Southeastern Section - 60th Annual Meeting (23–25 March 2011)

Paper No. 8
Presentation Time: 10:50 AM


GRAND PRE, Candace A.1, HORTON, Benjamin P.1, CULVER, Stephen J.2, JEROLMACK, Douglas J.1 and BUZAS, Martin A.3, (1)Department of Earth and Environmental Science, University of Pennsylvania, Philadelphia, PA 19104, (2)Department of Geological Sciences, East Carolina University, Greenville, NC 27858, (3)Department of Paleobiology, Smithsonian Institution, Washington, DC 20024,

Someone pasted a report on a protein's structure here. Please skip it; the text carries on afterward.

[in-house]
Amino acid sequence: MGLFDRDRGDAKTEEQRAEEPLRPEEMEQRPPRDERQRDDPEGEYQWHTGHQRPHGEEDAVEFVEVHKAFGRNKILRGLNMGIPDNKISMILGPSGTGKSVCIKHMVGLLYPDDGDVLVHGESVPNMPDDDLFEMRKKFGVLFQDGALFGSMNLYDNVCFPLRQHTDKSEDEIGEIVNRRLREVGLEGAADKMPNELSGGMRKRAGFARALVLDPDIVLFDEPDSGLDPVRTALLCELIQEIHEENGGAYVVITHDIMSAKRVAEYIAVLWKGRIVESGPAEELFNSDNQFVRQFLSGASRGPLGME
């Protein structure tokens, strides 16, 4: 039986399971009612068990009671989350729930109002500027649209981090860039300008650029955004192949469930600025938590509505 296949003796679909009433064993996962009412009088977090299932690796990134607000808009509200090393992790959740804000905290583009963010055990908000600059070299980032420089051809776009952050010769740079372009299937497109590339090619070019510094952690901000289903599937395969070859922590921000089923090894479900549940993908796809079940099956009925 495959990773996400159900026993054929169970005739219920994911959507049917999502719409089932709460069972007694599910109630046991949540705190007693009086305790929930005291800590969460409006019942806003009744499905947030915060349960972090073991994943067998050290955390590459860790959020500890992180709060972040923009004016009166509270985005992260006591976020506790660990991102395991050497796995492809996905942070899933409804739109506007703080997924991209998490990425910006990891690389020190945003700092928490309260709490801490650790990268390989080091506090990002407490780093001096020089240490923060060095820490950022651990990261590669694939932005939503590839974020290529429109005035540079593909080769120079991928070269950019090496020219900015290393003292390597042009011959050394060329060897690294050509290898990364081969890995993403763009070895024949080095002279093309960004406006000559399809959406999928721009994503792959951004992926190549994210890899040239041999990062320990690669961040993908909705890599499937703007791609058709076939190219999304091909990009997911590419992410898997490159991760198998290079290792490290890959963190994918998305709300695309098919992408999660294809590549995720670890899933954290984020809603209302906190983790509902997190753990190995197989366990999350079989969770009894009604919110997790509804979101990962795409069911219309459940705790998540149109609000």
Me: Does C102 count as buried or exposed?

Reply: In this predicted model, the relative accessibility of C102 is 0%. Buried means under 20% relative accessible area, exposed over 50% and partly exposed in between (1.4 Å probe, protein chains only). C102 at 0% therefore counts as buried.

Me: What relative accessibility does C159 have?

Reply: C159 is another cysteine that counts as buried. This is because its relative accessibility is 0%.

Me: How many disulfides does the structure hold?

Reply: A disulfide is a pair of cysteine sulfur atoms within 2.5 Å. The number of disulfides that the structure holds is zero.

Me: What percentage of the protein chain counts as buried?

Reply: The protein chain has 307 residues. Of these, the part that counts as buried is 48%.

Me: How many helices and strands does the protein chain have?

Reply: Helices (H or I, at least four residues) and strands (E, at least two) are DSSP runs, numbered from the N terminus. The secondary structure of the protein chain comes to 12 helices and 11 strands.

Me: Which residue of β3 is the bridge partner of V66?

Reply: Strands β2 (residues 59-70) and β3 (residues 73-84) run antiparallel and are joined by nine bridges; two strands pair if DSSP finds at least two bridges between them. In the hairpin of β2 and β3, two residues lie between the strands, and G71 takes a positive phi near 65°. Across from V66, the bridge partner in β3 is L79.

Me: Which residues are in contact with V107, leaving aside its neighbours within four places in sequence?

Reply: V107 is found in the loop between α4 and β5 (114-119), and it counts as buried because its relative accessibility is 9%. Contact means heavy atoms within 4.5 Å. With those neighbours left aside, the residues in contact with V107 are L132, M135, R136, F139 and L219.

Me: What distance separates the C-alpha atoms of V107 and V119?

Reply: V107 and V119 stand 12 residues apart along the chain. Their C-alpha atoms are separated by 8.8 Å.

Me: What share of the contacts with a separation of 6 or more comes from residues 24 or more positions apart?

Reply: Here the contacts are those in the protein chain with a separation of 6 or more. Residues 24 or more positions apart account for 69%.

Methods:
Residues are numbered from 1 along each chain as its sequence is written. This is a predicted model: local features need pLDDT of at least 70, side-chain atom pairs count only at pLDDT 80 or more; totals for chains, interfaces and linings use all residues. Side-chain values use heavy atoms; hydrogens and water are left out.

Hurricane Isabel made landfall on September 18th, 2003, depositing several large, 0.5 to 1 m thick overwash fans across the back-barrier marsh of Ocracoke Island, North Carolina. For the next seven years, we surveyed the elevation annually, measured sand thickness, and collected samples for lithologic and foraminiferal analysis across an overwash fan that extended to the back-barrier Pamlico Sound. The first significant environmental change occurred between 2004-2005 when 35% of the unvegetated overwash sand was removed, presumably by deflation, mostly from the ocean side of the transect. From 2005-2008 the overwash deposit remained virtually unchanged and the surface continued to be barren of marsh plants and foraminifera. In 2008-2009, the marsh grass Spartina patens began to populate the surface in small, isolated patches. Typical agglutinated salt marsh foraminifera were still absent. However, samples at the highest elevations of the transect contained abundant live specimens of Trichohyalus aguayoi, a calcareous taxon not previously recorded north of the Caribbean. In 2009-2010, verified tide data reveal 30 instances when wind-generated tides sustained elevations 0.3 m above mean higher high water (four times more frequently than any of the previous years). Much of the remaining overwash sand was removed, predominantly from the sound side of the transect. Only 20% of the original overwash deposit now remains, mostly on the oceanside of the transect. The sound side is now below the elevation of mean higher high water and the surface is covered by the marsh grass Spartina alterniflora. Live foraminifera are abundant, the assemblage is completely agglutinated, and dominated by the salt marsh taxa Arenoparrella mexicana and Trochammina inflata. The average elevation of the undeflated portion of the overwash deposit is still ~0.15 m above the tidal frame. Although now entirely covered by Spartina patens, marsh foraminifera have not yet repopulated this part of the fan. The calcareous species Trichohyalus aguayoi is still abundant. We do not expect salt marsh foraminifera to recolonize this part of the overwash fan until its elevation is reduced to ca. mean higher high water – unlikely in the near term due to the dense vegetation.